Railroad Square was a labor of love started by a few friends who loved films. It has survived these many years in a small town in central Maine where many independent cinemas in “better locations” have not. Railroad Square Cinema (RR2 or simply The Square) opened in 1978. In 1994, the original theater burned. Through fund raising and donations the cinema rose from the ashes.
RR2 is, and has been, my Cinema of choice. When it burned I had a pass for 5 movies or so. (and when they reopened, well over a year later, they honored the pass) For many years Laurie and I were weekly ‘regulars’. We would see just about every film shown at the cinema. More recently, in deference to the carbon used in driving 60 miles to see a movie, we had scaled back to once or twice a month.
I am sure others who had long drives to RR2 did too. But the cost of running a cinema did not scale back. New digital projectors, Sound system upgrades and the basic of staff, heating. and cooling keep coming and never get cheaper.
In 2009 RR2 made a much needed move to help the cinema survive. They became a non-profit called ‘The Maine Film Center’. More recently, Maine Film Center merged with another non-profit “Waterville Creates”. The watervillecreates.org/about-us/ explains the progression from an Independent RR2 to The Maine Film Center and finally to being part of Waterville Creates this way.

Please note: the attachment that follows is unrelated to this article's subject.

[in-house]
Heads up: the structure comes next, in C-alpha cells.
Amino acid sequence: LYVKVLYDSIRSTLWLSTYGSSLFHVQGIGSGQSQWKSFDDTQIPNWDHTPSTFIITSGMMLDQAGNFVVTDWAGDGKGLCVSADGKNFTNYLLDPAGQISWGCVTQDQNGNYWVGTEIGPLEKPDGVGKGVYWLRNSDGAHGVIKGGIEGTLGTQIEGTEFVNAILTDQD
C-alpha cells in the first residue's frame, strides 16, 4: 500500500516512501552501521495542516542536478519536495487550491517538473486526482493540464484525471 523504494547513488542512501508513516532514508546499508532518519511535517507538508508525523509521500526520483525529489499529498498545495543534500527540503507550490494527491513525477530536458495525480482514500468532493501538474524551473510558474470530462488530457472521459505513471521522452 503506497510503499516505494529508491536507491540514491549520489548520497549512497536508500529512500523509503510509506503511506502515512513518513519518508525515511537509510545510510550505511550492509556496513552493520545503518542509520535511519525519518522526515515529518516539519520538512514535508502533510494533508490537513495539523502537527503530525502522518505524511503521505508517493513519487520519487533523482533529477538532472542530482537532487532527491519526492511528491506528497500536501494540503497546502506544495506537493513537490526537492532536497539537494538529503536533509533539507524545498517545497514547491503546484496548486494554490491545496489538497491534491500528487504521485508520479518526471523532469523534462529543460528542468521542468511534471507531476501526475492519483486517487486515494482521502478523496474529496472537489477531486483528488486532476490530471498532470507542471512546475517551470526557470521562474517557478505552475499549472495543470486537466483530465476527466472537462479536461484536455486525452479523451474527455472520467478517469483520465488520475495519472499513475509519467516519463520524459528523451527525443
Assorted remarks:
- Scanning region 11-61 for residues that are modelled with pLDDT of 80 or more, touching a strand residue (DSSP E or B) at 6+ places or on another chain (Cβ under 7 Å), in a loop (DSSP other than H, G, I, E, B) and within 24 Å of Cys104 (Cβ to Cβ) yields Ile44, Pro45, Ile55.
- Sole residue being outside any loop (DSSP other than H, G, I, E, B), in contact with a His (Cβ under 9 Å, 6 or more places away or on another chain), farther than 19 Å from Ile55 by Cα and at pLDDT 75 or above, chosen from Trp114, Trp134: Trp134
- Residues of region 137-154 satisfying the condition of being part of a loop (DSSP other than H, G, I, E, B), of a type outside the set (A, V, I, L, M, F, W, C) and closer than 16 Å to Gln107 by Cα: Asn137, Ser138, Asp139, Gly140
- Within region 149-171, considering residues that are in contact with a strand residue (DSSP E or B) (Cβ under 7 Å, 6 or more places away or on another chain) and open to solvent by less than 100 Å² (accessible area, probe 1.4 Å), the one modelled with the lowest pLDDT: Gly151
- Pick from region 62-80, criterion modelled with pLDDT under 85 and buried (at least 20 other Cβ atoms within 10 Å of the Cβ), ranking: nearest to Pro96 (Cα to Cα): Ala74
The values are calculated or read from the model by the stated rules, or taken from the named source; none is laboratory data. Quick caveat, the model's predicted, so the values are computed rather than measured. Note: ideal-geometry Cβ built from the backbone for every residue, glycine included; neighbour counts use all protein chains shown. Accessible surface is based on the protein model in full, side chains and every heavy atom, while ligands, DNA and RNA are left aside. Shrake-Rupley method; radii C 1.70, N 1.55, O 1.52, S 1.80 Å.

“2009, the Maine Film Center was formed to unite Railroad Square Cinema and the Maine International Film Festival under one 501(c)(3) nonprofit organization. Recognizing the value of collaboration and shared resources, the Maine Film Center merged with Waterville Creates in 2018, allowing it to continue expanding its programmatic reach in fulfillment of its mission to educate, entertain, and build community through film.”
As many RR2 fans and Waterville locals know, this merger also plans to consolidate the merging groups into one location at the former Sterns Building in Downtown Waterville. More information about that project at https://www.downtownartscenter.org/
The RR2, like most movie houses, has been closed for a year now and has no anticipated reopening date. As it says on the Waterville Creates website, “Due to the current pandemic, all in-person programming has been suspended.” Because part of the plan (depending on fund raising) is to move the cinema to downtown Waterville, it may well be that Railroad Square Cinema will never reopen at its old building.
So a sad goodbye to an old friend, with wishes of luck.
May the new Maine Film Center Cinema rise from the pandemic ashes just as RR2 did so many year ago.
RR2 picture by Clif Graves.